The most likely scenario is that value-added will undermine the transition to Common Core. During the next two years, principals and teachers will be urged to abandon the primitive bubble-in mentality, but their jobs will be at risk if they don’t focus on rote instruction for high-stakes NCLB tests.
For instance, my district is putting its discretionary money into two contradictory efforts, leaving almost nothing for the student supports necessary before students in a 90% low income district can meet Common Core standards. One priority is paying consultants to urge teachers to teach for mastery of Common Core. The problem is that principals and teachers risk termination if they don’t wait two years before starting to teach in that way. The main priority during the transition is to double-down on “drill and kill” for obsolete End of Instruction EOI tests. The name of the test prep regime, “EOI Boot Camp,” is illustrative.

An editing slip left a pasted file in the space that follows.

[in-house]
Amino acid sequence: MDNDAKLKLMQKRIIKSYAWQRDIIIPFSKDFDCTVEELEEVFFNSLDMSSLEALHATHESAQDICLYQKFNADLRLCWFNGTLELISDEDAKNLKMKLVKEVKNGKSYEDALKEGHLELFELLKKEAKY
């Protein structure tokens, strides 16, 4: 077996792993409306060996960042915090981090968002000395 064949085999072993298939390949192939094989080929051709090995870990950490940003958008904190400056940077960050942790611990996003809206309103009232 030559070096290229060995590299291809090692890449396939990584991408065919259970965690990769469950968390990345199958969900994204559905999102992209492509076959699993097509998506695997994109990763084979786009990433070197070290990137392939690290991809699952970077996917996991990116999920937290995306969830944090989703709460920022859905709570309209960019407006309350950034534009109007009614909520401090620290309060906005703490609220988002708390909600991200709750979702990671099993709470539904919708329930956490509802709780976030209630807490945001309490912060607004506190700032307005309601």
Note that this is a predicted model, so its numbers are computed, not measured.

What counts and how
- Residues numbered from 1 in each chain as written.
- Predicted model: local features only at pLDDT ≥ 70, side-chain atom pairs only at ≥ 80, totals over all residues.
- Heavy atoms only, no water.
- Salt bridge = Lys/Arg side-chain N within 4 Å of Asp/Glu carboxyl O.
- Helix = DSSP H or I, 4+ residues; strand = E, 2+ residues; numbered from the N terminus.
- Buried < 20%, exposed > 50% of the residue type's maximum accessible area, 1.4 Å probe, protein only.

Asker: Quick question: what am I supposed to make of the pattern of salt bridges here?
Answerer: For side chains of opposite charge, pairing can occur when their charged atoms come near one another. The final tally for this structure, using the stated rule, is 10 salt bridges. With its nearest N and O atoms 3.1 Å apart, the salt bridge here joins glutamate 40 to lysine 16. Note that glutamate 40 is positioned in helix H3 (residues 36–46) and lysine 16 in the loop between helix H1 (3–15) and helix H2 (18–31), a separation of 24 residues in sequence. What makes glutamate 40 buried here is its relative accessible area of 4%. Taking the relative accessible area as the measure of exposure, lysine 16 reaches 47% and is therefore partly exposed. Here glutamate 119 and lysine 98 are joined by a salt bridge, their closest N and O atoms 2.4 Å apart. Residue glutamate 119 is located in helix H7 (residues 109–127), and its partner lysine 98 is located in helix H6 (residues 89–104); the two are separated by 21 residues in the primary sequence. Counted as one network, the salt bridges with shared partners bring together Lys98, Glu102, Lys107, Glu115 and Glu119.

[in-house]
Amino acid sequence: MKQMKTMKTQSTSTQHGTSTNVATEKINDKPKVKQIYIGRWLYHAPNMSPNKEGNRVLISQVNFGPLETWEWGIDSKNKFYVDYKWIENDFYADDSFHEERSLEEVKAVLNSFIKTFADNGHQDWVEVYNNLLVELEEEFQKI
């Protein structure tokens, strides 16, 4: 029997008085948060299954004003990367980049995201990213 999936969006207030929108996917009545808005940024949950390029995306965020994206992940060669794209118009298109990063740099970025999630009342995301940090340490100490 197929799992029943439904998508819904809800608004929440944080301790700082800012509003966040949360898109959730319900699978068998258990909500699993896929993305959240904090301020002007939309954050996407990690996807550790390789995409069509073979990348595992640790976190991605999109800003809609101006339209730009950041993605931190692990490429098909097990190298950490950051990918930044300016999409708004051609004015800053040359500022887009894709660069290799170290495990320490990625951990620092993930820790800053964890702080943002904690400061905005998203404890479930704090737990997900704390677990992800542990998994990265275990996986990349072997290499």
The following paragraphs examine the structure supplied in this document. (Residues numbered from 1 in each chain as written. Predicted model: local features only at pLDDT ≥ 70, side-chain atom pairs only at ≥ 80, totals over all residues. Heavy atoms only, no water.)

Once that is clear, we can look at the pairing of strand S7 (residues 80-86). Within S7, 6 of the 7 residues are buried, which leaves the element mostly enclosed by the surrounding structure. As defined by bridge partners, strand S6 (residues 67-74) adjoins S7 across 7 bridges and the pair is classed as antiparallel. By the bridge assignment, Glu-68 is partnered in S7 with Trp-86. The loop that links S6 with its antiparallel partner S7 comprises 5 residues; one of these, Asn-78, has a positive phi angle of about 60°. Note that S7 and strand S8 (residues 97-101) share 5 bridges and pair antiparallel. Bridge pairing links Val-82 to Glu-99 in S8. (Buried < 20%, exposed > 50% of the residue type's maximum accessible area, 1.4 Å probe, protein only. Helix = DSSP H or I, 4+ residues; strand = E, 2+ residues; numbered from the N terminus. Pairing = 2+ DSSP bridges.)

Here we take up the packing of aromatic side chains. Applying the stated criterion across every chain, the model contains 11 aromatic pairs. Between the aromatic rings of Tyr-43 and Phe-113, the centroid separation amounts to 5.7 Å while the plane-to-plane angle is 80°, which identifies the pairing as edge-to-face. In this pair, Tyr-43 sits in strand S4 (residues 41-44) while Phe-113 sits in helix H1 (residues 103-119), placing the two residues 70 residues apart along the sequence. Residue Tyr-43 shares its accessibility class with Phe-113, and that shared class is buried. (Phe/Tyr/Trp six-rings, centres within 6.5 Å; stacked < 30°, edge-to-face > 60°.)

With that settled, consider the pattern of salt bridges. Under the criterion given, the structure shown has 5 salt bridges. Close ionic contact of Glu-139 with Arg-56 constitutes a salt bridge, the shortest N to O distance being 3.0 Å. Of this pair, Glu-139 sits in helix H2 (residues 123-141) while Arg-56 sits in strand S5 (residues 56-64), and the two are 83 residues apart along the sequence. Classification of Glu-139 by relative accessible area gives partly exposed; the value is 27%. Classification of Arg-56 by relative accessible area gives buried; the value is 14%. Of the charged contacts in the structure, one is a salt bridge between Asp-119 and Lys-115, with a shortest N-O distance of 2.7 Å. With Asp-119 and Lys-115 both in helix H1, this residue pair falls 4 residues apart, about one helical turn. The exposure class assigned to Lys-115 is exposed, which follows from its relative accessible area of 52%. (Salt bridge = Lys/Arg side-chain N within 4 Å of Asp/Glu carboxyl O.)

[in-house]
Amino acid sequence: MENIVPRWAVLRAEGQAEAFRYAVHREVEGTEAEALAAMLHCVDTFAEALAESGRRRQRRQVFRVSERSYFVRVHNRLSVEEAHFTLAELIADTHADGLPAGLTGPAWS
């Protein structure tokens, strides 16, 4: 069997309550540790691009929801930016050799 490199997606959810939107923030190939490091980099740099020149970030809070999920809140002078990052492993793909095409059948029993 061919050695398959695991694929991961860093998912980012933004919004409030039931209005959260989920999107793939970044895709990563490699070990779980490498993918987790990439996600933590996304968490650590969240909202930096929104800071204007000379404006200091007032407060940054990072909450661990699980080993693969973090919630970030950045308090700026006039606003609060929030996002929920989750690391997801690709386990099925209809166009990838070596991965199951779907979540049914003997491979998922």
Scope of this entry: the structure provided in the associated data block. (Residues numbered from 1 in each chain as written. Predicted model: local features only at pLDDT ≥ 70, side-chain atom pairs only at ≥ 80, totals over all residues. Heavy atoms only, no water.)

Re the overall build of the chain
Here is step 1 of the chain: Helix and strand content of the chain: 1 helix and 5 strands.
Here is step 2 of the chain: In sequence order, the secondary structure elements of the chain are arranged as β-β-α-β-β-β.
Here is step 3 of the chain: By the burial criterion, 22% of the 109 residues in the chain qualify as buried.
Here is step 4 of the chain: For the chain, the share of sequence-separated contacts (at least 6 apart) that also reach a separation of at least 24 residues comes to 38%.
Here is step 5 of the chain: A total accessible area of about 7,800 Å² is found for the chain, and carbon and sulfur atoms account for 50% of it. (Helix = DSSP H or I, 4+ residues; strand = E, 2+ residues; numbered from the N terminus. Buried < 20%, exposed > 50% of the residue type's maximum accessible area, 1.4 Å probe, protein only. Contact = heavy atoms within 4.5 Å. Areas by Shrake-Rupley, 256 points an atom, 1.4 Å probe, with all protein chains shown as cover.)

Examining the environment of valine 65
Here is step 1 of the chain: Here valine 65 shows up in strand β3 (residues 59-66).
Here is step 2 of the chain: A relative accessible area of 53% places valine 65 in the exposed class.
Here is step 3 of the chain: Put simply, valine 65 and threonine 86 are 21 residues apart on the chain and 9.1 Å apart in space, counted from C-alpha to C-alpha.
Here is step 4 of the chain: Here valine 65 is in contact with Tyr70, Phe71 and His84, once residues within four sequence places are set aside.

As long as test-driven accountability persists, the rational approach for administrators is to circle the wagons and blame teachers. And the worst case scenario for Common Core is likely. Rather than turning on a dime and allowing the exact opposite type of instruction when the game changes, the chances are that many districts will take the same teach-to-the-lowest common denominator and “juke the stats” mindset to Common Core.